As mentioned before some parts of the code get a bit dense. This is not out of some intent to be purposefully obfuscated! As always with Perl There Is More Than One Way to Do It and the way I chose fits a balance between readability and still not being overly verbose. I think.

In sub build_graph these lines

 my $length_w0 = do{    
   $w0 =~ tr/[a-z]//;           

compute the string length of $w0 by using the return value from tr which is the number of matches made. The same technique is used a few lines down with

my $differences = eval "\$w1 =~ tr/$w0//";

but here we need to wrap the tr in an eval because tr does not perform any variable interpolation since its transliteration table is built at compile time and not run time.

In sub dijkstra_sssp the lines 

local *by_total_edges = sub {
   return 1 if $total_edges{$a} eq OO;
   return -1 if $total_edges{$b} eq OO;
   return $total_edges{$a} <=> $total_edges{$b};

define a nested subroutine. The need for the use of local is to avoid creating a closure. The perlref manpage describes the situation: ... named subroutines do not nest properly and should only be declared in the main package scope. This is because named subroutines are created at compile time so their lexical variables get assigned to the parent lexicals from the first execution of the parent block. If a parent scope is entered a second time, its lexicals are created again, while the nested subs still reference the old ones.

Anonymous subroutines get to capture each time you execute the sub operator, as they are created on the fly. If you are accustomed to using nested subroutines in other programming languages with their own private variables, you'll have to work at it a bit in Perl.  The intuitive coding of this type of thing incurs mysterious warnings about "will not stay shared" due to the reasons explained above.

So by using local what we are doing is creating a temporary (i.e. re-created for each call to the enclosing subroutine) assignment of the anonymous subroutine. This has normal access to the lexical variables from the enclosing scope at the time it is is invoked.

This has the interesting effect of creating a function local to another function, something not normally supported in Perl. I'll freely admit this is definitely not idiomatic Perl. I'd argue that stylistically, in any language, this should be the preferred way of organizing this code. The small function used for sorting vertices has no use outside of sub dijkstra_sssp. Indeed I could imagine many programmers just inlining the code in the call to sort! This use of local is essentially the same thing, but cleaner looking than inlining. The only complication is that perl will complain with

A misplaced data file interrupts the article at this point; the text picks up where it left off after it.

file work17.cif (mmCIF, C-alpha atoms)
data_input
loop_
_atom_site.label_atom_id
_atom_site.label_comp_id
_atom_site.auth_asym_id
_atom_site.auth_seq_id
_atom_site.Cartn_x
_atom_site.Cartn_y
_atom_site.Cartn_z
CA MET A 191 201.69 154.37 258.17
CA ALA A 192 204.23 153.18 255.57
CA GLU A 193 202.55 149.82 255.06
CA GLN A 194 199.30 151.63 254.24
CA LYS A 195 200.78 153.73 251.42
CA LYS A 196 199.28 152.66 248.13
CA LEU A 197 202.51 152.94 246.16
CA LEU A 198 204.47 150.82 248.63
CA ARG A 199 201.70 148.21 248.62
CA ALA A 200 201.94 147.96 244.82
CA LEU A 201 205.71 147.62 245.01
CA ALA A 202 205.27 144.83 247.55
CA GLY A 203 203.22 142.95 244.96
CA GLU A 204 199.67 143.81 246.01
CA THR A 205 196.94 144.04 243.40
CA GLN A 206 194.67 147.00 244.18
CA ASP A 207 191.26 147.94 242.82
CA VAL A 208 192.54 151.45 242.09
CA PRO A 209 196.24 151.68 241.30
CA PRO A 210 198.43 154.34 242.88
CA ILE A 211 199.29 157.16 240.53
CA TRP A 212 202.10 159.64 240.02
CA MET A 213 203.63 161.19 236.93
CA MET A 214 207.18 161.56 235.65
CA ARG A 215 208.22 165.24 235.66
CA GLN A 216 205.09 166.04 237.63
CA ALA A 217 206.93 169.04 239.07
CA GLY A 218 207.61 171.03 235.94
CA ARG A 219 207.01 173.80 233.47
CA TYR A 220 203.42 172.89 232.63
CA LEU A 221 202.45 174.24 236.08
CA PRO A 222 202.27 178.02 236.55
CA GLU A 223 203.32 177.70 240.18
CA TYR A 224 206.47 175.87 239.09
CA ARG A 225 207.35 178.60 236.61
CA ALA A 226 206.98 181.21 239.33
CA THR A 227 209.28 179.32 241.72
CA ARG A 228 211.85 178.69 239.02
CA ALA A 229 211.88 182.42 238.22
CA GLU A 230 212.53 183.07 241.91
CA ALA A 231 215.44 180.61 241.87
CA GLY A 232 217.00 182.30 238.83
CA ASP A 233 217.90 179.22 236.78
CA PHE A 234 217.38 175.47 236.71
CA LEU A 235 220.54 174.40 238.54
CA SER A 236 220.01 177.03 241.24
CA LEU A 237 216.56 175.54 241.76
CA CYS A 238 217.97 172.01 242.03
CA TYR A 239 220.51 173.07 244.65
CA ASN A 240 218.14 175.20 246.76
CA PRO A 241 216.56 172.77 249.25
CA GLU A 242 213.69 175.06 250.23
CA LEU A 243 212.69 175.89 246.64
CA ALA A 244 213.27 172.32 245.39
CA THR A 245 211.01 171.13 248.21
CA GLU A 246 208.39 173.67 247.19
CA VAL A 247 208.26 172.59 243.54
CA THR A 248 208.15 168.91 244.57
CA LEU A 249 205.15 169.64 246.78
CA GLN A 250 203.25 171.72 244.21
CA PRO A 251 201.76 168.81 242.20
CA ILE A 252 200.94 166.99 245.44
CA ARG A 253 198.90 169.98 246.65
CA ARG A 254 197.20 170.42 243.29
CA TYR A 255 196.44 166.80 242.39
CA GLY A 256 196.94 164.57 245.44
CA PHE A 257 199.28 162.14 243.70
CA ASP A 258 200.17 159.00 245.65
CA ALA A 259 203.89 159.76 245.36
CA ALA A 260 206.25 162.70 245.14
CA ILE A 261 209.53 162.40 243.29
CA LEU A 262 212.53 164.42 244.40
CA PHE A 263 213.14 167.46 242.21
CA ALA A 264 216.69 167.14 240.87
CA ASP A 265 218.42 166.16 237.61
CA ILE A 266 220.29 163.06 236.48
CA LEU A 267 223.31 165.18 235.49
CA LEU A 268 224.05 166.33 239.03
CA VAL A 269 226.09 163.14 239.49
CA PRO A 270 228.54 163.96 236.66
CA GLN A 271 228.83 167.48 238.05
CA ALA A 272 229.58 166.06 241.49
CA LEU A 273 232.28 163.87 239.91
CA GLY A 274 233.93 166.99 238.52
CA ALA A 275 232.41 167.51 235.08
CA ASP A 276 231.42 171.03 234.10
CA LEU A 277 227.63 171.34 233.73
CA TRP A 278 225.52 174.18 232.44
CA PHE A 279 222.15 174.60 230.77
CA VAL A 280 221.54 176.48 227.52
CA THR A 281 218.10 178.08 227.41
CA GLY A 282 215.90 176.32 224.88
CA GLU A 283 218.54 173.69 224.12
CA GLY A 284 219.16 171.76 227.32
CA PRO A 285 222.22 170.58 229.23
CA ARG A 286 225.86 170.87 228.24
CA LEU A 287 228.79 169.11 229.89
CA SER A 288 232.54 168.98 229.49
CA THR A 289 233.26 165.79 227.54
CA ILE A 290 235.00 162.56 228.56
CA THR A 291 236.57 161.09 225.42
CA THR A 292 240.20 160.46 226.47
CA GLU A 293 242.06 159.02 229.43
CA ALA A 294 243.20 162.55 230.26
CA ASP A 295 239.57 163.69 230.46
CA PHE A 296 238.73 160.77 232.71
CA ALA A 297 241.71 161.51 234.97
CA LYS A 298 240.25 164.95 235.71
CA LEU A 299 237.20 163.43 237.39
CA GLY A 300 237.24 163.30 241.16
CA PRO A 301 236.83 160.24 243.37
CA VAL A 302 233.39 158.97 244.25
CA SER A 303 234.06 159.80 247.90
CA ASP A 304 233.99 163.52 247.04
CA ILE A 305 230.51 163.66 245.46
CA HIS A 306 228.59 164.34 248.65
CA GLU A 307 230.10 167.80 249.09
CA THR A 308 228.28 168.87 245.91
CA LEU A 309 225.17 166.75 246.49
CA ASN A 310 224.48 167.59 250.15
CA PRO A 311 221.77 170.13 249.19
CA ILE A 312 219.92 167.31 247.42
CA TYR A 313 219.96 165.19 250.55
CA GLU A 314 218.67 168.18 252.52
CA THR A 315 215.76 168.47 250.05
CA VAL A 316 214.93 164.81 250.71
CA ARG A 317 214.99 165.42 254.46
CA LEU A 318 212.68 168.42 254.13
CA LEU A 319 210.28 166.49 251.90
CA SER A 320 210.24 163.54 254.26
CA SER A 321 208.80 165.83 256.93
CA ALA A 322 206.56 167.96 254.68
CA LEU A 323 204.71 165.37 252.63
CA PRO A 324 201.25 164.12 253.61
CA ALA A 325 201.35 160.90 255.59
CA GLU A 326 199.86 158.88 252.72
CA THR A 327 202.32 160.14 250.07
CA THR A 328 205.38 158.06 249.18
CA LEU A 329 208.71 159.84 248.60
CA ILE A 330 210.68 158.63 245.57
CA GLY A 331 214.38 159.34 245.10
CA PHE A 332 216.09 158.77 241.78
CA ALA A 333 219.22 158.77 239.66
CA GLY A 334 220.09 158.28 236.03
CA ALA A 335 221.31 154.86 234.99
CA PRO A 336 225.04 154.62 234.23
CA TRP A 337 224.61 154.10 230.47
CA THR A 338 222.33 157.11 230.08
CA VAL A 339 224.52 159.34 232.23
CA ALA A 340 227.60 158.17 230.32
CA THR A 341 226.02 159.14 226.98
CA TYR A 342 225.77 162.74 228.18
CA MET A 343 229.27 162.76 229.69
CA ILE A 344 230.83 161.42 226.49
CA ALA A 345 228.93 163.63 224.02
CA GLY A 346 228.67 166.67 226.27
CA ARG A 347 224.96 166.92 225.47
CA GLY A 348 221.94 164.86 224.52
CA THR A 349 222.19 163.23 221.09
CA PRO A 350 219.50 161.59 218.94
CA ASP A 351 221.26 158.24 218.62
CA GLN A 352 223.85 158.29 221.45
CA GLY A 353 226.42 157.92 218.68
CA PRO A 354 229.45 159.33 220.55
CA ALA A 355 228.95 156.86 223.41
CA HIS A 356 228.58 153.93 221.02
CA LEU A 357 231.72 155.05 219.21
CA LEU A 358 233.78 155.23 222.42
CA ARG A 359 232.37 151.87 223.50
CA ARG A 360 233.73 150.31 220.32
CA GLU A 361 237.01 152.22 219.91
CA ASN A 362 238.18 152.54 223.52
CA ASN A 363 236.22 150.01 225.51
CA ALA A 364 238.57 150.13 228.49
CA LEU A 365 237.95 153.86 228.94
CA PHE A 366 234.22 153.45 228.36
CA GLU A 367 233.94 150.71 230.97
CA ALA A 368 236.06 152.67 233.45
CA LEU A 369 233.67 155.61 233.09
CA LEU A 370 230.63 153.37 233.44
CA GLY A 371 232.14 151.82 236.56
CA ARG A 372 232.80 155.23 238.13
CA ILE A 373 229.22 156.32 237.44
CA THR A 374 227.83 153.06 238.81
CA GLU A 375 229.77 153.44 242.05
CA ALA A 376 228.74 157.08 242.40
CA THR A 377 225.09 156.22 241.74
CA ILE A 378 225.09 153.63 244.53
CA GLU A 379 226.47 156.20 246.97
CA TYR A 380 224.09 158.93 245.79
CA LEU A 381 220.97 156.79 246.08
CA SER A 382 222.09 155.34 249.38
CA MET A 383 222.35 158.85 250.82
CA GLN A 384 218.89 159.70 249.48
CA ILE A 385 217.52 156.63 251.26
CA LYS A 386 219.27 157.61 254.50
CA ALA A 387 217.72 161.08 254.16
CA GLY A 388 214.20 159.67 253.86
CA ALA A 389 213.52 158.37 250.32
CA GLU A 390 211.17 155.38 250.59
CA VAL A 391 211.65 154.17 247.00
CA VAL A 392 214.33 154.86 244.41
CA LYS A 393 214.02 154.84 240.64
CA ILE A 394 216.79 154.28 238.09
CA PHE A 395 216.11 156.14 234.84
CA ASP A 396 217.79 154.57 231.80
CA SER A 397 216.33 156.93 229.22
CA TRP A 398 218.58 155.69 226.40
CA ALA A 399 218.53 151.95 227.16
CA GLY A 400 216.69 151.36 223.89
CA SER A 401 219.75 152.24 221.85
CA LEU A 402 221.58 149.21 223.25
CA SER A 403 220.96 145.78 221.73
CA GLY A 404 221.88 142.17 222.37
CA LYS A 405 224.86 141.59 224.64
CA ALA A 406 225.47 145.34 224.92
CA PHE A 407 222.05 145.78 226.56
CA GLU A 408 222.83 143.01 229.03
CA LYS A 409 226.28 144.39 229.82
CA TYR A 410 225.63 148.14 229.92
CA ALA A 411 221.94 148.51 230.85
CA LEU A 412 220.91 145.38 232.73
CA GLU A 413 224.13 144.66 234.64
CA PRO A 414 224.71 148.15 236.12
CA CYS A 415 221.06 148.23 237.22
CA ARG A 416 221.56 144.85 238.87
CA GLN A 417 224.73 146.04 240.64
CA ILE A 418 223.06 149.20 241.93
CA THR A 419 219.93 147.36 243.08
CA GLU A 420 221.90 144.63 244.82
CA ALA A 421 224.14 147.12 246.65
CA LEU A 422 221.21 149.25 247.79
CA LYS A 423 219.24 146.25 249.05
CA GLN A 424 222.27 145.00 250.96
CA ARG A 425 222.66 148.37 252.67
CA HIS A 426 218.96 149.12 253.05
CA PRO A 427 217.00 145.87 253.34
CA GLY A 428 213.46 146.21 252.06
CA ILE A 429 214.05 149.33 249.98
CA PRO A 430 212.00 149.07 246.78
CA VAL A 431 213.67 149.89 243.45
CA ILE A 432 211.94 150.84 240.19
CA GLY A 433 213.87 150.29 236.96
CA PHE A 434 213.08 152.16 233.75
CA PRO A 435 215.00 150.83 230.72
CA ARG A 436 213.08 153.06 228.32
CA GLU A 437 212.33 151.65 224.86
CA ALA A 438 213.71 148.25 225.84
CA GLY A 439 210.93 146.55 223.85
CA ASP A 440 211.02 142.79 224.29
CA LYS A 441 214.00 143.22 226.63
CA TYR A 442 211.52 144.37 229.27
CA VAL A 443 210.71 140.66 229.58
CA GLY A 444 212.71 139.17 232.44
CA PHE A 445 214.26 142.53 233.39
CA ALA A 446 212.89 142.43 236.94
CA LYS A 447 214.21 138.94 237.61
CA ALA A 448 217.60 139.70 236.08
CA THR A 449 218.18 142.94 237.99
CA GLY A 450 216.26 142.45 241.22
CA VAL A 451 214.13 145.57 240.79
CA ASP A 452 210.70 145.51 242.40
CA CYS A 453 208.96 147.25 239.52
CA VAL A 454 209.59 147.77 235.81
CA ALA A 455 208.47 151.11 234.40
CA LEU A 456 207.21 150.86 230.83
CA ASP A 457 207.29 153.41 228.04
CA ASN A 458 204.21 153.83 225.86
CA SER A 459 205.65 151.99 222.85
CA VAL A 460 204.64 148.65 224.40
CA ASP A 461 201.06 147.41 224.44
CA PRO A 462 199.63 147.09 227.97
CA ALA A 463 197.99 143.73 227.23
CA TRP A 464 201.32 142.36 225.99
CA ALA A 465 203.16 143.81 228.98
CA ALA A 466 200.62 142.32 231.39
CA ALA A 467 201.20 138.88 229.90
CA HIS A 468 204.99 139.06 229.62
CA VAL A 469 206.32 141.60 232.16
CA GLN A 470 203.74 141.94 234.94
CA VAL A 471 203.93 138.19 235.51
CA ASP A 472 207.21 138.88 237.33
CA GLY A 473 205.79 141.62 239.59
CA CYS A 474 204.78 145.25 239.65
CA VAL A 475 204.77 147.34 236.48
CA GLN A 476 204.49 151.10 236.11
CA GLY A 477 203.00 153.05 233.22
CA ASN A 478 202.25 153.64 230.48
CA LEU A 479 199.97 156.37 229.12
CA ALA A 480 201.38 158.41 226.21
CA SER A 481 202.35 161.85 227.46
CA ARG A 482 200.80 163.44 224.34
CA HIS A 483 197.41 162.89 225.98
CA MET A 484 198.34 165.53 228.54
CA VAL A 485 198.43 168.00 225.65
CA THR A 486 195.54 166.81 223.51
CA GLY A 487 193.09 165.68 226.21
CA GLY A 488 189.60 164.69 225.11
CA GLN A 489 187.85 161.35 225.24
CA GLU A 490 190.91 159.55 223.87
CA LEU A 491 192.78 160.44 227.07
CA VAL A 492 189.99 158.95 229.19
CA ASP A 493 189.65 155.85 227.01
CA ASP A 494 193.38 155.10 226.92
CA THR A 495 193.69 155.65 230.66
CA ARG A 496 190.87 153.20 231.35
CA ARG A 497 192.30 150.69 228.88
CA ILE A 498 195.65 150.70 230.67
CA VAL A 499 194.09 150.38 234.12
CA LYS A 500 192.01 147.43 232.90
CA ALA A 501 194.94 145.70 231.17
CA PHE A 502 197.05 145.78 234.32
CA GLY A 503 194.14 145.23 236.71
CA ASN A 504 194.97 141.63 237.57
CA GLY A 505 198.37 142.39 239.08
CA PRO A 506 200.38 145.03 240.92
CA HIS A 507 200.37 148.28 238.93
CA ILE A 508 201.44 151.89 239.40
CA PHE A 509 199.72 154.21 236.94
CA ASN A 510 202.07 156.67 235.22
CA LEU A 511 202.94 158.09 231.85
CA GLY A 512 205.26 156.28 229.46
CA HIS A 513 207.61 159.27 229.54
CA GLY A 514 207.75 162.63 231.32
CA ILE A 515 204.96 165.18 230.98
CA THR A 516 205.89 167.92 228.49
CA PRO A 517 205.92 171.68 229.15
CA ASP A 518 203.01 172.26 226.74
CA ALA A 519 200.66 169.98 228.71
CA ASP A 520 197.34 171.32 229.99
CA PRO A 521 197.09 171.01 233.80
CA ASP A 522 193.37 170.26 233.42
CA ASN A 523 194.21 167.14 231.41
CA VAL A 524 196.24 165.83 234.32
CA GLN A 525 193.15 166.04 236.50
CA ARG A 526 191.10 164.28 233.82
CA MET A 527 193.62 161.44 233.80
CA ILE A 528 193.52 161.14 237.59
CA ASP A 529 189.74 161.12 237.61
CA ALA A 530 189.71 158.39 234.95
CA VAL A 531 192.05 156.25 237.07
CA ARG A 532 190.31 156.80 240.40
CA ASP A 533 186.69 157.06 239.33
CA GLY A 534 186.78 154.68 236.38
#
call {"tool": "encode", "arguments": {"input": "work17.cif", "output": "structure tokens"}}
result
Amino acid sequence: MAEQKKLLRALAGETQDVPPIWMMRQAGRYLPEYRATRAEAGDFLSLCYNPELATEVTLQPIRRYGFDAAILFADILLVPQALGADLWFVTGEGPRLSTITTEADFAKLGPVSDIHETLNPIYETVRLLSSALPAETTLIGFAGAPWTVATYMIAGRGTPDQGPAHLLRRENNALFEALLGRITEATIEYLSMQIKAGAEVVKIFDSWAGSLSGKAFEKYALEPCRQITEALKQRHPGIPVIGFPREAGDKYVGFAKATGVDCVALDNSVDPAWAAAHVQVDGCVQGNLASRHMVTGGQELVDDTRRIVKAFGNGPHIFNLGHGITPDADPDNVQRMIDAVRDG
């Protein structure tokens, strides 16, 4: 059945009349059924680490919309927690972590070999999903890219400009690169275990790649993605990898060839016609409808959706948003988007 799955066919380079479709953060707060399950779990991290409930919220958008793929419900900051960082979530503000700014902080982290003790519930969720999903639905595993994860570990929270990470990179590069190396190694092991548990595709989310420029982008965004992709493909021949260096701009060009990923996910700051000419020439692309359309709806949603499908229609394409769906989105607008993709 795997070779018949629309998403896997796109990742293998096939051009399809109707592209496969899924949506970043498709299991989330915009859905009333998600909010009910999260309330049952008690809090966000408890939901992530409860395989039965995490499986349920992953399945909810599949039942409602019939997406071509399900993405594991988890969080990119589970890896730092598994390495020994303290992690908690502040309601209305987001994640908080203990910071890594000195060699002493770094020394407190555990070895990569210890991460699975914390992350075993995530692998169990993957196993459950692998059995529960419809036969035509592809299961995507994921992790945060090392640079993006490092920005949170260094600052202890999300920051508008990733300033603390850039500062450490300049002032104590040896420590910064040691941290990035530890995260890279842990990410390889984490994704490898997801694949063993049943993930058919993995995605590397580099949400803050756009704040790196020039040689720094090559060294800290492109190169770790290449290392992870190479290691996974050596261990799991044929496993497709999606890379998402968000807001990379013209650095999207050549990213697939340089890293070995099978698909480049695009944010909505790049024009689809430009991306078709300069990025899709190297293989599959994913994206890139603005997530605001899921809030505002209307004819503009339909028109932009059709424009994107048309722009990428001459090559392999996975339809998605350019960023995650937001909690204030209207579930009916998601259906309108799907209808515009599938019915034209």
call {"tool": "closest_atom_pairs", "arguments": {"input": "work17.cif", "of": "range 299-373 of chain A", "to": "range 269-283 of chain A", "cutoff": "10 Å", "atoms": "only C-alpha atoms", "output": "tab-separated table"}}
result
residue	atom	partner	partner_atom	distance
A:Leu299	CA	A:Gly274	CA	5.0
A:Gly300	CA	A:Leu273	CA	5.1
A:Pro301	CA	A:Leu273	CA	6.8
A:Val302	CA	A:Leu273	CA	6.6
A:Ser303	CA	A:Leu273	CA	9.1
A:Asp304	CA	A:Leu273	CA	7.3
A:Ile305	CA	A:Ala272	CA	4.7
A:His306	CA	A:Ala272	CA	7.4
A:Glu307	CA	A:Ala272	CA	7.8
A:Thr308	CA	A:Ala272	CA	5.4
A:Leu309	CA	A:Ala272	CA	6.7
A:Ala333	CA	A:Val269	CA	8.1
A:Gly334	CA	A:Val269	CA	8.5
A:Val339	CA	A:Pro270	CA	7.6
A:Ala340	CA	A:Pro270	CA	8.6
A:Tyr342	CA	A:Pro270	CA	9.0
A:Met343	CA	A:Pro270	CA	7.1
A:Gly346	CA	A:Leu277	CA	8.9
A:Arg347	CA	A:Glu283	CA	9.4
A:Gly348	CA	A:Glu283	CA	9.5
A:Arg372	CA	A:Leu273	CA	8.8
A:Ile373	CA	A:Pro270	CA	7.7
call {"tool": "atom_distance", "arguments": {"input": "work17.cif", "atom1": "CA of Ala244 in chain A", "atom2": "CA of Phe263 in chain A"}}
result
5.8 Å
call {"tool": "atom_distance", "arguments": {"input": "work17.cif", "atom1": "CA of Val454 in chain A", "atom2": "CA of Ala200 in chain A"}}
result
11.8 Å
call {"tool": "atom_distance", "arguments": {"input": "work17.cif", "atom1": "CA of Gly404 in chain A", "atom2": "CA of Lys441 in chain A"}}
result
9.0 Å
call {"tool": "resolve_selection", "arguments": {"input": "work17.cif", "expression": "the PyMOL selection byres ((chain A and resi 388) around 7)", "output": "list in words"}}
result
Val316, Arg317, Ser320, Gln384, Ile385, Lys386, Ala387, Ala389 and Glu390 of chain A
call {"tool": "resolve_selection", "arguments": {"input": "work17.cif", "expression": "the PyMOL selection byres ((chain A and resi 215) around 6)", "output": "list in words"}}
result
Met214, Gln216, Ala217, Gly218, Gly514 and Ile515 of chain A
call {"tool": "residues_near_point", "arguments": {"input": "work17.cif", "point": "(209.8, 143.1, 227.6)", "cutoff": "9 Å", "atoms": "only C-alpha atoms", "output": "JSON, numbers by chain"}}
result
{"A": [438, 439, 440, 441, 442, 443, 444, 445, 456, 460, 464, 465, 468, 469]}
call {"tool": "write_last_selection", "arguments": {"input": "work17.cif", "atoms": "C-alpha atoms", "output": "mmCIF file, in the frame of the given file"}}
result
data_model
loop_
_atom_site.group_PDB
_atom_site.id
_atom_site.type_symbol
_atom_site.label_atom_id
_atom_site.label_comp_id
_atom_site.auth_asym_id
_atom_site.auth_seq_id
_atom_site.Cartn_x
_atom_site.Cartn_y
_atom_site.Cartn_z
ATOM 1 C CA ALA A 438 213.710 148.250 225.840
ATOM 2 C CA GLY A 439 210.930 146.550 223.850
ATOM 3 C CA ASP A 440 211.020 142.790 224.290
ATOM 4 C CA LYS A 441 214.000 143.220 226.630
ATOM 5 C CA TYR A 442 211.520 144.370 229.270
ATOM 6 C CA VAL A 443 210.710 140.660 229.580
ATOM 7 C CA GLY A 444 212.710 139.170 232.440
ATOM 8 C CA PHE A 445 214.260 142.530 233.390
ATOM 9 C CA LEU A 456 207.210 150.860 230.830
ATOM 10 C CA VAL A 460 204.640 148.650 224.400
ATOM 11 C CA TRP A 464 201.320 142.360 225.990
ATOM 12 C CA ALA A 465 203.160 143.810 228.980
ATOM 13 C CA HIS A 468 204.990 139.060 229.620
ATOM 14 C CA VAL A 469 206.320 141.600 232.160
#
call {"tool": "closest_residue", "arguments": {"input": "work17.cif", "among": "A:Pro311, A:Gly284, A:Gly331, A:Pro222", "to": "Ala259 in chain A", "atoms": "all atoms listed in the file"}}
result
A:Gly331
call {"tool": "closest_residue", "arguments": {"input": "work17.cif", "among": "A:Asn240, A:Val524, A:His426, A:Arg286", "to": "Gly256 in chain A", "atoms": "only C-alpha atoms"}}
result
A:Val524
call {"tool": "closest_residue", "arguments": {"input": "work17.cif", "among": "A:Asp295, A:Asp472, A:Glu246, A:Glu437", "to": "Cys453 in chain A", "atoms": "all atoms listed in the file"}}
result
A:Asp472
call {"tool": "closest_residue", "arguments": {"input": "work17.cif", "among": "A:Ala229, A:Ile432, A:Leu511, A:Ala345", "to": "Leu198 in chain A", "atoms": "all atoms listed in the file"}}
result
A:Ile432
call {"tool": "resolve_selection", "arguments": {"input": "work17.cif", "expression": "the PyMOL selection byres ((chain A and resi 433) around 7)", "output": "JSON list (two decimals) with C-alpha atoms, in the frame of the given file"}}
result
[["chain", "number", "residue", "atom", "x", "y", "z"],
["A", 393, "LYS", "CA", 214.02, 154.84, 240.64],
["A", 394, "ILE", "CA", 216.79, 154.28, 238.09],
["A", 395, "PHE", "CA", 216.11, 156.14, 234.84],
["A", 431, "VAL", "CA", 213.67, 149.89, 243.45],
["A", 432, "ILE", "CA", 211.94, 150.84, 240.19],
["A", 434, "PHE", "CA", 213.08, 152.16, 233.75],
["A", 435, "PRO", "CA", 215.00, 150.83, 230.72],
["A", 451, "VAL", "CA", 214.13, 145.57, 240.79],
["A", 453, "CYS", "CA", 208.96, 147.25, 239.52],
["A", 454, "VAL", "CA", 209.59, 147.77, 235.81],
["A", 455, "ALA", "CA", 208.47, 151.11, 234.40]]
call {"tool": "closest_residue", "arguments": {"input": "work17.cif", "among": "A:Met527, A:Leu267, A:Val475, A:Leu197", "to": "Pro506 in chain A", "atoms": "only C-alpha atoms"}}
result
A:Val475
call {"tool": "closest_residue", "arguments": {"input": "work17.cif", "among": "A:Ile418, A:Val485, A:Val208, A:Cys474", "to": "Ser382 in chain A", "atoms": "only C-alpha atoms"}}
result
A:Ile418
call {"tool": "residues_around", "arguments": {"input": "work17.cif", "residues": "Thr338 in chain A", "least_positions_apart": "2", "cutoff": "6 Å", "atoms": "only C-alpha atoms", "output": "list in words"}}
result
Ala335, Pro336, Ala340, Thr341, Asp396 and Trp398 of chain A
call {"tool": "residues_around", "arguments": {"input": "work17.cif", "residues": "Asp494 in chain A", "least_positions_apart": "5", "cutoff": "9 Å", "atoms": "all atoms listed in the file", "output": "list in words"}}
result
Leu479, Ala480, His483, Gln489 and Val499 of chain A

Name "main::by_total_edges" used only once: possible typo at perl5/ line 41.

unless we add the line no warnings "once"; I am still investigating this. At face value the warning makes no sense: by_total_edges is called from within a loop. Is this a slight defect in the interpreter to not recognize this? I'll write up what I learn about this another time.


  • If you thought the use of the Unicode character '∞' was unnecessary you are correct! I was hoping that it would be an acceptable identifier and that line could have read use constant ∞ => "INF"; or something like that where I could then have used in the code almost like a numeric literal. Sadly this is not an acceptable identifier. (Although I think it should be!)
  • The Graph module has an interesting history, it was originally written as part of the code samples for the book Mastering Algorithms with Perl. That book has served as an excellent reference for many years.